Such individuals who fall are covenantally elect because they are true members of the elect Body. But they are not what historic Reformed theology calls (and what I call) "the elect" because God has not foreordained that they will be standing before Him in His grace on the Last Day.
Instead of thinking in terms of the categories of the invisible Church and the visible Church, perhaps we can make better sense of all this if we think of the historical Church and the eschatological Church. The covenant breakers who fall away will never be members of the eschatological Church at the Last Day. The bride that day is without spot or blemish. But what do these covenant breakers fall away from? They fall away from the historical Church, of which they are true members.
What is meant by this phrase true members? Are they true members in every sense? Not at all—if they were, then they would persevere by faith. Think of an unfaithful husband, cheating on his wife. Is he a true husband? Yes and no. He is an untrue husband in that he is breaking his covenant vows. He is false in this sense. But he is a true husband in the sense that he is really married. He is a true husband—he is as truly married as his faithful counterpart. If we were to say that his adultery meant that he was a husband in no sense of the word, then this means he is not really committing adultery.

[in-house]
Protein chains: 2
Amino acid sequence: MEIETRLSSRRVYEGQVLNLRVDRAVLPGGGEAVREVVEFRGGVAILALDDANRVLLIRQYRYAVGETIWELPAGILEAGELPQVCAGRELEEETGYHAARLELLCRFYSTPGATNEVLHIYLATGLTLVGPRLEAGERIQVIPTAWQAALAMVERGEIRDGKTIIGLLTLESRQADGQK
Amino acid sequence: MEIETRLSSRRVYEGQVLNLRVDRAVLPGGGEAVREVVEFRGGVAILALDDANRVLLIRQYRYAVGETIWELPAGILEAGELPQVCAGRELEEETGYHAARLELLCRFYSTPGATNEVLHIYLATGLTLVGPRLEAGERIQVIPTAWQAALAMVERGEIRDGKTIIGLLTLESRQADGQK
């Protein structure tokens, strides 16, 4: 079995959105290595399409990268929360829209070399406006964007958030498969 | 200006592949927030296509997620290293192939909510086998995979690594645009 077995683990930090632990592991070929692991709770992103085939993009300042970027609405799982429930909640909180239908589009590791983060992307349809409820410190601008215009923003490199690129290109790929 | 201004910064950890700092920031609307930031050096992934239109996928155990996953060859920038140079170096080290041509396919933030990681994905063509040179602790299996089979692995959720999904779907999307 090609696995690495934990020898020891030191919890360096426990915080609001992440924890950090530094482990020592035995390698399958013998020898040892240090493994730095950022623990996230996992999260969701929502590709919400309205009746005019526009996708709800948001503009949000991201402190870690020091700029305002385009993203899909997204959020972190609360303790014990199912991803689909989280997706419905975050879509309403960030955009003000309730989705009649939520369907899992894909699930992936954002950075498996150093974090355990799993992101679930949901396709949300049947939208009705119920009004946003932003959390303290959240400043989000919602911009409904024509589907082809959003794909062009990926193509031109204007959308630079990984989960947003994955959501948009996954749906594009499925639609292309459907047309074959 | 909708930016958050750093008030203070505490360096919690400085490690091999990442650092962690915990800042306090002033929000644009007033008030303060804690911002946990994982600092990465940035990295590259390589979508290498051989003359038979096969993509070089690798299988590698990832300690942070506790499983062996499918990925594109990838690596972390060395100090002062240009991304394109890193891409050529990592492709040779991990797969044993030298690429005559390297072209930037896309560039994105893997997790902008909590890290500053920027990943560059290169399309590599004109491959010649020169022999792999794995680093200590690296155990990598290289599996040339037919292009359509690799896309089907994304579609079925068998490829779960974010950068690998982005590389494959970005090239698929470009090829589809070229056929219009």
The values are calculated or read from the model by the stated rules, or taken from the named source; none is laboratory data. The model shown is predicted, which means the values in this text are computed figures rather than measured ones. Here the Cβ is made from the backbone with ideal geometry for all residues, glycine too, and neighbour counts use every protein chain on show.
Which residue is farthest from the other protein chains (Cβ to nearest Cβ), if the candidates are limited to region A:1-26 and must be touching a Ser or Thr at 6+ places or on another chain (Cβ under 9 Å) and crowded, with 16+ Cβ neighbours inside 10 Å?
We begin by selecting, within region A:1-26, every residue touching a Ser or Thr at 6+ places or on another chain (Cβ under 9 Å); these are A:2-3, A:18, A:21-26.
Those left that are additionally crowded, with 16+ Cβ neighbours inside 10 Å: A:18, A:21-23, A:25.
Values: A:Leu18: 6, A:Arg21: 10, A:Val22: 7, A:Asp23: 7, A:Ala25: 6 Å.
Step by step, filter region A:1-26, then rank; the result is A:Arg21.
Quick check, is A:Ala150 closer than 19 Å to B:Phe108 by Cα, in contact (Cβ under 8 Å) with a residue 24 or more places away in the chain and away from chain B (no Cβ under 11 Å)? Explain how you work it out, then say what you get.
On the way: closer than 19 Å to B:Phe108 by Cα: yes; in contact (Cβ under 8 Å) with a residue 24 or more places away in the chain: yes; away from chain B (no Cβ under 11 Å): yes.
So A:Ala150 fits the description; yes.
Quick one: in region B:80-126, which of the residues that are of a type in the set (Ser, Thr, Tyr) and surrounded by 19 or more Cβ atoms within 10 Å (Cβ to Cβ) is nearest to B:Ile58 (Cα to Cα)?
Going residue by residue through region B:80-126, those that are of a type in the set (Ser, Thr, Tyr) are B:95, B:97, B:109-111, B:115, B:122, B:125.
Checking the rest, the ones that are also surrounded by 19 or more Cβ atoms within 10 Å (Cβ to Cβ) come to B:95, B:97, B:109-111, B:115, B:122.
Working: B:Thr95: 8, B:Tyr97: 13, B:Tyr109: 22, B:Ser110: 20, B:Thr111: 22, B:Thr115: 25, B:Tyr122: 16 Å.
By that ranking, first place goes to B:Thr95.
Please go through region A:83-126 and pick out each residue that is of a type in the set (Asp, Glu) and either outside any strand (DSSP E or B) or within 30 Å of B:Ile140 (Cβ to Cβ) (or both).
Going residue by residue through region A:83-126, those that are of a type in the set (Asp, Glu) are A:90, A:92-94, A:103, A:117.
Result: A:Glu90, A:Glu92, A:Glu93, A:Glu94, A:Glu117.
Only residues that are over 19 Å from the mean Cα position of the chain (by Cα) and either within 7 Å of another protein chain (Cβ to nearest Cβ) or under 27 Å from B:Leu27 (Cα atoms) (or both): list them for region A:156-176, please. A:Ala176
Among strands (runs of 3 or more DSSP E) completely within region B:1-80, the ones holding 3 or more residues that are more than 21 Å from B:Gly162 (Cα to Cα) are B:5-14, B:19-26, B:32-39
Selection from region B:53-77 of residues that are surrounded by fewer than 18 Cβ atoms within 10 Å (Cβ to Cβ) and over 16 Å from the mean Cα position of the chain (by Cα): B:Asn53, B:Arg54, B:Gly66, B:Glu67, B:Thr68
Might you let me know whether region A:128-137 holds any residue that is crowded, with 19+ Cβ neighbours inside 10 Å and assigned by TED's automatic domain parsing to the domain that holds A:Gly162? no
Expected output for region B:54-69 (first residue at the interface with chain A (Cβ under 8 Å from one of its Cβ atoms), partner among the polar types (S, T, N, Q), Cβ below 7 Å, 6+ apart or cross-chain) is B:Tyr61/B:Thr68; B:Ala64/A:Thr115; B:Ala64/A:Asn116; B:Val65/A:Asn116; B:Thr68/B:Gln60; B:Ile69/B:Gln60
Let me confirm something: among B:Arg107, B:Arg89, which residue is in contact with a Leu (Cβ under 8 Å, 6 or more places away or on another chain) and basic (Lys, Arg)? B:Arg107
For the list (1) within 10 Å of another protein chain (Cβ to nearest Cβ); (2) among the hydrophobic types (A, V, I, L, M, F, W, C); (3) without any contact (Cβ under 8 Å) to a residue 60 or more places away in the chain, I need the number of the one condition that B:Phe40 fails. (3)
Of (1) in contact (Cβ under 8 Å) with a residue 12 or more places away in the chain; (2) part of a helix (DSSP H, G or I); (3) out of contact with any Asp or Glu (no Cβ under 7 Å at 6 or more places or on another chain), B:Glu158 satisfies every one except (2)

Now we who are baptized are covenantally members of Christ. What should we do—by faith? We should make our calling and election sure. We should persevere to the end. We should resist sin to the shedding of blood. We should labor to enter that rest. We should keep in memory what was preached, unless we have indeed believed in vain. And all this should be done by faith, in faith, through faith, and unto faith.
But what is this faith like? The scriptural and confessional answer is that faith, by definition, cannot be characterized by infidelity. If only those who persevere in the faith are saved at the last, and if we are saved by the instrumentality of faith alone, then what does this mean? It means that true faith perseveres. In what? The answer is that it perseveres in being very much like itself.